Top Gun Shares 11 Facts of Life for HR

By Kathy Gurchiek Jun 20, 2016
2016 Annual Conference & Exposition
2016 Annual Conference & Exposition
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Former U.S. Navy jet pilot and best-selling author Cmdr. Drew Brown steered a packed ballroom through a discussion of “The 11 Facts of Life for an HR Professional” that stressed the importance of knowing when to listen and when to take action and treating others with respect.

Brown’s remarks came during a Sunday Session on June 19, the opening day of the Society for Human Resource Management 2016 Annual Conference & Exposition, being held in Washington, D.C.

Brown joined the Navy with an eye toward becoming an airline pilot and also because of an admitted fondness for the uniforms worn by members of that military branch. He was assigned to Attack Squadron 35, nicknamed The Black Panthers, the oldest attack squadron in naval aviation history. At one time, he was the only black Navy jet pilot flying attack aircraft. He flew missions from aircraft carrier USS Nimitz and now flies a Boeing 777 for FedEx.

He is the author of the autobiography You Gotta Believe! The Inspiring Life Story of a True American Hero (Quill, 1992).

He shared the following life lessons with session attendees, noting that “if your employees knew some of these facts of life, your job would be easier”:

Wake up, show up, and pay attention to the details. “Time is everything. The only thing we don’t get back is time,” Brown said. If the workday starts at 9 a.m., he remarked, that’s when you should be at your workstation, ready to go.

Additionally, he advised HR professionals to communicate with employees about the details of what is expected of them, to take responsibility for their actions and to control their emotions.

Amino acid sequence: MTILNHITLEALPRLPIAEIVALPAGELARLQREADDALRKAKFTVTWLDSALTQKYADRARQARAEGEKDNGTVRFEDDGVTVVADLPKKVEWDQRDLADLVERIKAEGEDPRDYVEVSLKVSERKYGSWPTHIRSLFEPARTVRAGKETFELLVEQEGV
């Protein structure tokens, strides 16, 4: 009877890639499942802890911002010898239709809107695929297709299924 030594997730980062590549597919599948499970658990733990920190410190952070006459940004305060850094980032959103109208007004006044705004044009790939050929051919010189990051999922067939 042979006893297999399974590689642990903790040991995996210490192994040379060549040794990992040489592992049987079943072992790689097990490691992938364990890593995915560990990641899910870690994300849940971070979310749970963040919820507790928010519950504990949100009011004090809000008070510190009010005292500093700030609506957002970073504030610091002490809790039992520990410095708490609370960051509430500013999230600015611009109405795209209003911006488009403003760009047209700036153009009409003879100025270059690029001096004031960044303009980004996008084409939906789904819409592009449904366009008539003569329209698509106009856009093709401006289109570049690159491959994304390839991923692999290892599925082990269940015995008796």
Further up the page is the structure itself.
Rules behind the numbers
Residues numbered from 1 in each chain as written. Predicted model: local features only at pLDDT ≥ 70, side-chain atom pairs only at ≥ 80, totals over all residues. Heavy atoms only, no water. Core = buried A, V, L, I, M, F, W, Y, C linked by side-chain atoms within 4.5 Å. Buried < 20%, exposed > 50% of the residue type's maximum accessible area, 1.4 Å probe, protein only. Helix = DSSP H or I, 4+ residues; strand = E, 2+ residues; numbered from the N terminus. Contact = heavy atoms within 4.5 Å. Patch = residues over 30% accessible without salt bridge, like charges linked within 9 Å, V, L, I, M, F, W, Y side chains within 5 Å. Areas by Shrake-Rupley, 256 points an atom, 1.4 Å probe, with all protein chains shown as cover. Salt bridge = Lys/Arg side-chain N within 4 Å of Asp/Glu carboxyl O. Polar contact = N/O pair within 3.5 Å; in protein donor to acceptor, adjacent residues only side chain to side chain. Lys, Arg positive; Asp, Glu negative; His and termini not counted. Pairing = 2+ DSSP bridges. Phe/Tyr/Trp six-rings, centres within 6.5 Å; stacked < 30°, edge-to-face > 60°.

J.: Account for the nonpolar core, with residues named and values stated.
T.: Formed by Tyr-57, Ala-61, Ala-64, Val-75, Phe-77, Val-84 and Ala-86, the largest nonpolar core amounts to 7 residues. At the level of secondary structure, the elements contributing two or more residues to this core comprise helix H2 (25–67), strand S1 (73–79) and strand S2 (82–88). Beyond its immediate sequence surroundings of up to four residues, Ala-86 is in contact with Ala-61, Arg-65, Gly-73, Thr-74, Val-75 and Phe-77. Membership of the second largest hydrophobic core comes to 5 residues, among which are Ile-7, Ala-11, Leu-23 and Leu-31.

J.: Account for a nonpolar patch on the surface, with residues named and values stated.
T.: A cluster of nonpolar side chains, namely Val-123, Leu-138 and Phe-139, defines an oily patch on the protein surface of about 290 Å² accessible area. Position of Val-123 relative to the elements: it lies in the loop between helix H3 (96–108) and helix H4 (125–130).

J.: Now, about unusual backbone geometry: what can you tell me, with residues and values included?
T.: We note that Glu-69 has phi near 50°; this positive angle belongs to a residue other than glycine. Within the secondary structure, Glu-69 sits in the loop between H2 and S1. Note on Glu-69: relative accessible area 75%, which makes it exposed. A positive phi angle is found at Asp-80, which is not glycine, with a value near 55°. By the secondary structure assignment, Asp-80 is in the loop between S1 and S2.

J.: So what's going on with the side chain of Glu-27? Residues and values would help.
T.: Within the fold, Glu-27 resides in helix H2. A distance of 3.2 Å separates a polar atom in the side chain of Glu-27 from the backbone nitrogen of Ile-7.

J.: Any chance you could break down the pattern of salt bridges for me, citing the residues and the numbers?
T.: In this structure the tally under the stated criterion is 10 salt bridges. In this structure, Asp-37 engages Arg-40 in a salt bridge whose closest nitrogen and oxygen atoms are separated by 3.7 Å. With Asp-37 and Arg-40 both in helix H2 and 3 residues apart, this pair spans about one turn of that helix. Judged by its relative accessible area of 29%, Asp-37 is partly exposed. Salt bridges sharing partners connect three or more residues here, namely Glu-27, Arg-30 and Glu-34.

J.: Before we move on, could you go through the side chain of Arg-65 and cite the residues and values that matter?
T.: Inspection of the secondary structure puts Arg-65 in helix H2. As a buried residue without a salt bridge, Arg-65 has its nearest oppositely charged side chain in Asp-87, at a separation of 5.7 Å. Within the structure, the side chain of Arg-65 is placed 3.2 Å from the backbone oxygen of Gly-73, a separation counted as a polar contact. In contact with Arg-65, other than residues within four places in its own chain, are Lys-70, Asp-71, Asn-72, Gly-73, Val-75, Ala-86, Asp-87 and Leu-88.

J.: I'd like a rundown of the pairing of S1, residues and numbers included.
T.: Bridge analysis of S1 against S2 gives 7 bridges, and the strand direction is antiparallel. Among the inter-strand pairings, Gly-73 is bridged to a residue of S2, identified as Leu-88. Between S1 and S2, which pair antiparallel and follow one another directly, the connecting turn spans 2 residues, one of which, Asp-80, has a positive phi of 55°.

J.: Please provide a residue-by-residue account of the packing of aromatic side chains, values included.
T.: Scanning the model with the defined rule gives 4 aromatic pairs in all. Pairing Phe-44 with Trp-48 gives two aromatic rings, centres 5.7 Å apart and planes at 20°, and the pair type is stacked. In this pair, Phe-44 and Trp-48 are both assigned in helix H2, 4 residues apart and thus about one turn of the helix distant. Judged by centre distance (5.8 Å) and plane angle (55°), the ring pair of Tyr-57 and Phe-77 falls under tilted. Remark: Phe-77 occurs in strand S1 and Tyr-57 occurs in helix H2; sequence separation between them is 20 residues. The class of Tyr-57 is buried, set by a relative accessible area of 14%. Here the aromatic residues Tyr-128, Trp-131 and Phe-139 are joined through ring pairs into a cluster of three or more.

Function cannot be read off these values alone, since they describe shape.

“If you do something wrong, name it. Take responsibility,” he said.

Be happy, have fun, and be nice. “The goal is a long, healthy and happy life. Success is waking up every day and doing something you love and doing it well,” Brown said. He urged attendees to “be better than your parents and make this a better world for your children.”

Everything you do comes back to you. “You get away with nothing,” Brown pointed out, and he urged attendees to learn from the past and find the positive. He recalled how everyone got a nickname in the military. His was “Dark Gable,” but instead of being offended by what was supposed to be a joke, he proudly embraced what he considered “the coolest nickname.”

Have purpose—find your gift and use it. “If you love HR, you are so blessed because you’re doing something every day that you love,” Brown said. “If you ever get an employee to find his purpose, you don’t have to motivate him anymore.”

Continue to learn. Brown encouraged attendees to continue to learn but to season knowledge with wisdom.

“Education is necessary, but wisdom is mandatory,” he said; for HR, “wisdom means the ability to teach.”

He also stressed the importance of hard work.

“Some people are looking for the easy way out; there is none,” said Brown, who mentioned that he couldn’t even spell “aerodynamics” when he began learning to fly. “The only reason I’m an airline pilot is because I never quit.”

Good will overcome evil, but it requires avoiding the eight deadly sins. The eighth sin—drugs, alcohol and tobacco—Brown added to the biblical seven deadly sins of pride, envy, anger, sloth, lust, greed and gluttony.

“There are people with serious, serious [addiction] problems, and you might be the only person that can come between them and death,” he said. “Drugs and alcohol can ruin a company. It’s very important we start understanding these diseases.”

Use common sense and moderation. Too much of anything is unhealthy. “Everyone here needs to take a day off in the week,” Brown said. He also noted a common sense approach to handling issues: “Sometimes you have to surrender to win ... the war.”

Demonstrate integrity and respect. “You don’t lie, cheat or steal”—and that includes stealing time, Brown said. Create an atmosphere where people are comfortable asking for help and treating each other with respect, including how they address each other.

Practice self-discipline. “Do what you’re supposed to do, not what you want to do,” he said. Learn to be still, be quiet and be at peace with yourself. Learn to meditate so as to let your mind be free.

Follow the golden rule—treat others as you want to be treated. Don’t be judgmental; practice the virtues of patience, tolerance and forgiveness.

You gotta believe. “Help people learn to believe in themselves,” he said.

Brown has received numerous awards, including the Meritorious Service Medal from the President of the United States, the Freedom Foundation Medal from the U.S. Supreme Court, and the Congressional Black Caucus Male Achievement Award.​​

Kathy Gurchiek is the associate editor of HR News. Follow her @SHRMwriter.


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